From smart cities to well-governed cities

The NITI Aayog’s recently announced “Strategy for New India@75” has two chapters on the improvement of Indian cities: ‘Smart Cities for Urban Transformation’ and ‘Modernising City Governance for Urban Transformation’. What is noteworthy is the lingering conceptual confusion between making Indian cities ‘smart’ and making them ‘good and better governed’ cities.

Riding on a global wave of technology’s promise to improve the world, ‘smartness’ swept into the lexicon of India’s urban transformation in 2014 when the NDA government took office. Since then, the limitations of technology to change fundamental social structures, and indeed its potential to aggravate fundamental problems, have become evident in the widespread disillusionment with social media.

The chapter on smart cities says, “Smart cities is an approach to urban development characterised by area-based development, efficient delivery of basic services in an equitable manner, and citizen’s participation.” The chapter on governance says transformation of cities will require “opportunities for all citizens” and “platforms for democratic participation”. The emphasis in both chapters on equity, equal opportunities, and citizens’ participation is very welcome because these are essential qualities of well-governed cities that satisfy the ‘livelihoods’ and ‘livability’ requirements of all their citizens.

Riding on a global wave of technology’s promise to improve the world, ‘smartness’ swept into the lexicon of India’s urban transformation in 2014 when the NDA government took office. Since then, the limitations of technology to change fundamental social structures, and indeed its potential to aggravate fundamental problems, have become evident in the widespread disillusionment with social media.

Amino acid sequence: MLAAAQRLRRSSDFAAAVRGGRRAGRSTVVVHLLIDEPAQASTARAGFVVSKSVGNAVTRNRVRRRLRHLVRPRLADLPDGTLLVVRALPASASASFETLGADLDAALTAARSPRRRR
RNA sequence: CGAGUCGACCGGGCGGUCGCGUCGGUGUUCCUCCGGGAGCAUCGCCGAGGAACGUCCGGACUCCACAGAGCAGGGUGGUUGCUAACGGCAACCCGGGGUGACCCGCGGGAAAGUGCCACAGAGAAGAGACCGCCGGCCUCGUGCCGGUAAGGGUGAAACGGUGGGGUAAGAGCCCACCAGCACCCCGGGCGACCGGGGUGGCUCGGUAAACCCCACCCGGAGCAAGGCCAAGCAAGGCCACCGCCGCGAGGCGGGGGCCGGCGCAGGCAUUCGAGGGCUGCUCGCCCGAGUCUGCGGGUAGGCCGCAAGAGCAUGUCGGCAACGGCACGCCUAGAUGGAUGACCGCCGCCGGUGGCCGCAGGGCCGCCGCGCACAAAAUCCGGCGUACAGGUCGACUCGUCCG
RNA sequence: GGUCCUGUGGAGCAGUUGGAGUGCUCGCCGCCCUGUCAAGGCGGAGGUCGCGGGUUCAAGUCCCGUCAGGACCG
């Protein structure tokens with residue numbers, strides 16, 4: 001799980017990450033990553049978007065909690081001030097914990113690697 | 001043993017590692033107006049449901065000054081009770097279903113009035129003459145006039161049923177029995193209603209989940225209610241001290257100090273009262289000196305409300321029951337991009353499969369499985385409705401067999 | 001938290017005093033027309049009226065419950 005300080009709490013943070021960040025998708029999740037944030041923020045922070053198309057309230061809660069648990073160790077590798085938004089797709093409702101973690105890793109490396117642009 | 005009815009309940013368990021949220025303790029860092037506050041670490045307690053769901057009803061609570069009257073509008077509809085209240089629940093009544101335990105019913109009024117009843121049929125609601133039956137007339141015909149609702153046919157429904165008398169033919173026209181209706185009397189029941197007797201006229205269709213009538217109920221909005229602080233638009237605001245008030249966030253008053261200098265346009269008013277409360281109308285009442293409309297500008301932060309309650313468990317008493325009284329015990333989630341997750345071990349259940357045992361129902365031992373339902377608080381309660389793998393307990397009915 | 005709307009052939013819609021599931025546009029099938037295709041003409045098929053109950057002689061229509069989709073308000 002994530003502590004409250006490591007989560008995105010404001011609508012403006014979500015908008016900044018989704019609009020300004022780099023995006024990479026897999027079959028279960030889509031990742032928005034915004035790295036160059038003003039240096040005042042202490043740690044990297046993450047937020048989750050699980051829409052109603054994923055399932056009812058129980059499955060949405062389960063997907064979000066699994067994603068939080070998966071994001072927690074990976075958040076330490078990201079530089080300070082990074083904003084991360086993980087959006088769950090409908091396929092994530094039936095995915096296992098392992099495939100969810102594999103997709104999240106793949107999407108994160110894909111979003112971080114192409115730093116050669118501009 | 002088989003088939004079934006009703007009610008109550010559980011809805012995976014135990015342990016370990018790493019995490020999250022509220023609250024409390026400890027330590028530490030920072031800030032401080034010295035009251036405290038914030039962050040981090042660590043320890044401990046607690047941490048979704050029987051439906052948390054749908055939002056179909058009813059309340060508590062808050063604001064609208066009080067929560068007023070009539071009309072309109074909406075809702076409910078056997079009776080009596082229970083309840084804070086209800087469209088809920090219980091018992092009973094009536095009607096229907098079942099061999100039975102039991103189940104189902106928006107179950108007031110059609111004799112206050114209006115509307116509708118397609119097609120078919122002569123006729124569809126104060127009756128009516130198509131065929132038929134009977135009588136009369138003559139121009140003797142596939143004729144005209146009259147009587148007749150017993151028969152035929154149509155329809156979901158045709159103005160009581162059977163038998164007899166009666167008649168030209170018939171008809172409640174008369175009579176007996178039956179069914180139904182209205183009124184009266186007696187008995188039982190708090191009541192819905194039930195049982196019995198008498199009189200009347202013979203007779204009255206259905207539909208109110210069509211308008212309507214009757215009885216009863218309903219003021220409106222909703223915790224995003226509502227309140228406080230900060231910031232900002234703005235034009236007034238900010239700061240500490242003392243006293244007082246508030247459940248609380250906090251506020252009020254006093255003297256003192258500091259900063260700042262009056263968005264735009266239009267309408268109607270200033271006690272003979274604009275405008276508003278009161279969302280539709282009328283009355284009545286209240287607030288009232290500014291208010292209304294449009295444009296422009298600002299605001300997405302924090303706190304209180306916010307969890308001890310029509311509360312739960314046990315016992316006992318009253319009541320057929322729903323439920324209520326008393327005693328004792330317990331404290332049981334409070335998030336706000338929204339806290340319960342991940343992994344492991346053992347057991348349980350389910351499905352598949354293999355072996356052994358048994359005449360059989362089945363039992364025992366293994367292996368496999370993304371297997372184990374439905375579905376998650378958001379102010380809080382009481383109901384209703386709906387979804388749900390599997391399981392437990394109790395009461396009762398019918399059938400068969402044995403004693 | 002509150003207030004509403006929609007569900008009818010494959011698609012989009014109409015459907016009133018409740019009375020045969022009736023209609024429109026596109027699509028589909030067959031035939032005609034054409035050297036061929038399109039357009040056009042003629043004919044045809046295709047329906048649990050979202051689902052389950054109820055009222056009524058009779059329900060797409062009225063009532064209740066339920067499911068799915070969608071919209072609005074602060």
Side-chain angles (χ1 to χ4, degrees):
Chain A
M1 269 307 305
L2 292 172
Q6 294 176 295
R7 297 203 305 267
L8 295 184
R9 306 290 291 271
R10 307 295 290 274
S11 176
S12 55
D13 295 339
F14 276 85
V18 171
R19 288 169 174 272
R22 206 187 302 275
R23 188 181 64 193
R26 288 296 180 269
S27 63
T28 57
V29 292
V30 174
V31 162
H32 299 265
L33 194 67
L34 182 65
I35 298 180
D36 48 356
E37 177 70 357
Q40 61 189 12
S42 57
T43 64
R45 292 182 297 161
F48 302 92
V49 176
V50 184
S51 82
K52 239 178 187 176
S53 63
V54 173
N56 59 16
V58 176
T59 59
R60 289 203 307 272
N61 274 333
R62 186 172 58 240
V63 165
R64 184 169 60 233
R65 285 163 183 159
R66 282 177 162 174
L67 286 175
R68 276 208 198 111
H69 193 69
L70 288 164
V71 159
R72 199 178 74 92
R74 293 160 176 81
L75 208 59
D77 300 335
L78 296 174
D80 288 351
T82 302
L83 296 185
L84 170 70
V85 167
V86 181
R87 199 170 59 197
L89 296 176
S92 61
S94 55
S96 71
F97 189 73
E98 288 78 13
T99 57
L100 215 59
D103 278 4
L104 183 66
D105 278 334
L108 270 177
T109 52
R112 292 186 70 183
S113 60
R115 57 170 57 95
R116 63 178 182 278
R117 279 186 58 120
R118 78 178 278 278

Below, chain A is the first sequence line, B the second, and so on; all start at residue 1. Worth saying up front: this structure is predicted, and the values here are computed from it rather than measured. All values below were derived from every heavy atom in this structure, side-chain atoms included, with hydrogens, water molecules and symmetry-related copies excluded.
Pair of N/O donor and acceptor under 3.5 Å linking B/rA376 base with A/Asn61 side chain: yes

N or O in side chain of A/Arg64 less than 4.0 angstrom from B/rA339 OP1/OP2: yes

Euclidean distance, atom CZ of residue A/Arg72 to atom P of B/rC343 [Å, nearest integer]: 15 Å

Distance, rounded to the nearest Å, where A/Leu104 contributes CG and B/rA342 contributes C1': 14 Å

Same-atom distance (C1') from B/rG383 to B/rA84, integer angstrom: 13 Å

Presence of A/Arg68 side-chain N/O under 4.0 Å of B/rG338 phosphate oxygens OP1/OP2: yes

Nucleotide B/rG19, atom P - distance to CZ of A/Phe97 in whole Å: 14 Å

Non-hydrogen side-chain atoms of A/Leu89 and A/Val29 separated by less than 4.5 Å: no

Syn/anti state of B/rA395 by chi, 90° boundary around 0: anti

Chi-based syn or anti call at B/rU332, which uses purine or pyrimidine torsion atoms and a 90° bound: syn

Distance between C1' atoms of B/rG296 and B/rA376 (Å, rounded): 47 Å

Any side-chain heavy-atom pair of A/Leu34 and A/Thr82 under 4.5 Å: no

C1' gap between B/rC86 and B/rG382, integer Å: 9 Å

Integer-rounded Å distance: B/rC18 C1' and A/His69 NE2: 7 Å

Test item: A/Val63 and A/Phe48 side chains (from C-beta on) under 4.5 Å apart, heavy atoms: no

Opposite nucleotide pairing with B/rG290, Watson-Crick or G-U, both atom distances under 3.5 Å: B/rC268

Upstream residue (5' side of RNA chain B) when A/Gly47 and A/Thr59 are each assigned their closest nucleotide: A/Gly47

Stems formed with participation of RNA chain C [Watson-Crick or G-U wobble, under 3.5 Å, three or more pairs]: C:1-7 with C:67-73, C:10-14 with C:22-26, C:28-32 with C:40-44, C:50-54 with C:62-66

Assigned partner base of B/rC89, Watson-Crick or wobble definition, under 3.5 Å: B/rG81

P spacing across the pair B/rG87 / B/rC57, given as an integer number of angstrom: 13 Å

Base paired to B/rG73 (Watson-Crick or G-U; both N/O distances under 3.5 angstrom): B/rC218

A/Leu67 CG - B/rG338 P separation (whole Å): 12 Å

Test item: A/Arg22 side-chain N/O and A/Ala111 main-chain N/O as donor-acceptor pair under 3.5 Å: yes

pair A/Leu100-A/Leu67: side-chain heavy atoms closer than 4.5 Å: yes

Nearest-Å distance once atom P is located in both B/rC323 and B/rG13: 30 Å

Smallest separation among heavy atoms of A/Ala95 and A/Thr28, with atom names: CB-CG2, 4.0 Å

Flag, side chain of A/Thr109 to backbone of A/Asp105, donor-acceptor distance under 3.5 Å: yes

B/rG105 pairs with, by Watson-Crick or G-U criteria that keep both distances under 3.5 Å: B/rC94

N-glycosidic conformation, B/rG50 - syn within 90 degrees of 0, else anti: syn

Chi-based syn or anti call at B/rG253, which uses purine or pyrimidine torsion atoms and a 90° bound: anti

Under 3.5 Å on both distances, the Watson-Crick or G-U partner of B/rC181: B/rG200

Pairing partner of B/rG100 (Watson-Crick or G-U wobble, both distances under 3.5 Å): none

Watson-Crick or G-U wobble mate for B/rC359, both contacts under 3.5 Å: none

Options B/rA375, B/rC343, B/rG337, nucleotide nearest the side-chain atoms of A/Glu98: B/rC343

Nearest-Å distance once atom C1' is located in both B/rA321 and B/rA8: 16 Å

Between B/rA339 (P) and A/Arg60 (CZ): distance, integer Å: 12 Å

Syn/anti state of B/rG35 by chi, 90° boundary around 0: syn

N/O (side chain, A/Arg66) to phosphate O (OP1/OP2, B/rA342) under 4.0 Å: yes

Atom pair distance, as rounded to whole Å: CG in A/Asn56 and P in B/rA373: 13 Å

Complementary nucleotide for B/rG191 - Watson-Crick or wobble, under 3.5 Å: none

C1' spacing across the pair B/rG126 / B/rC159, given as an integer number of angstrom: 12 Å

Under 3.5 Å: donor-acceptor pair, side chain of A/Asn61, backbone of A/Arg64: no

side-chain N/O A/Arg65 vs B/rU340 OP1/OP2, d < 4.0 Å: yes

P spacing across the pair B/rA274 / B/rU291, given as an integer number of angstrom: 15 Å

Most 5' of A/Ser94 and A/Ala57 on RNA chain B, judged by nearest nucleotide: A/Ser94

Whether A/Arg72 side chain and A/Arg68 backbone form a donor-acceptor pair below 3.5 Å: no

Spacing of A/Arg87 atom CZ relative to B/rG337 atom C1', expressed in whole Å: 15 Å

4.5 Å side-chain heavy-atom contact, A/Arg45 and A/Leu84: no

Kentaro Toyama, professor at the University of Michigan’s School of Information, launched Microsoft’s research center in Bangalore in 2004. He was involved with several technology projects to improve healthcare and education and reduce poverty. In his book, Greek Heresy: Rescuing Social Change from the Cult of Technology (2015), he explains that he learned in India that merely slathering technology onto complex social systems cannot improve outcomes. Generally social structures of systems must be changed to improve outcomes. When the first wave of technology-driven change swept through business enterprises in the 1990s, before the internet, businesses soon realised that business processes must be re-engineered before applying technology. That lesson is being learned again with the internet.

A city is a complex system. As is a modern airplane. Many systems working together, give an airplane its remarkable ability to carry tons of load in the air, safely, over long distances. Engines, navigational systems, steering systems, a strong and super-light body, and aerodynamic wings. All parts must work in harmony for the plane to fly. A city has many complex systems too: for providing livelihoods, housing, transportation, urban utilities, recreation, safety, etc. All systems must cohere with each other to make a city ‘world-class’ from the perspective of its citizens.

It is the strength of its internal system of self-governance that gives a city its resilience and abilities to adapt along with environmental changes and new technologies. A shift from technological smartness towards building platforms for democratic participation of citizens in the governance of their own cities is a move in the right direction.

A critical difference between airplanes and cities, both complex systems, is that one is an ‘engineered’ system, and the other is an ‘organic’ one. Engineered systems require an engineer to design them. Organic systems, such as all systems in nature, are ‘self-adaptive’. They give shape to themselves through a dynamic process of interactions amongst their parts. Organic systems have the ability to redesign themselves while they are flying. (I explain further in my book, Redesigning the Airplane While Flying: Reforming Institutions, 2014).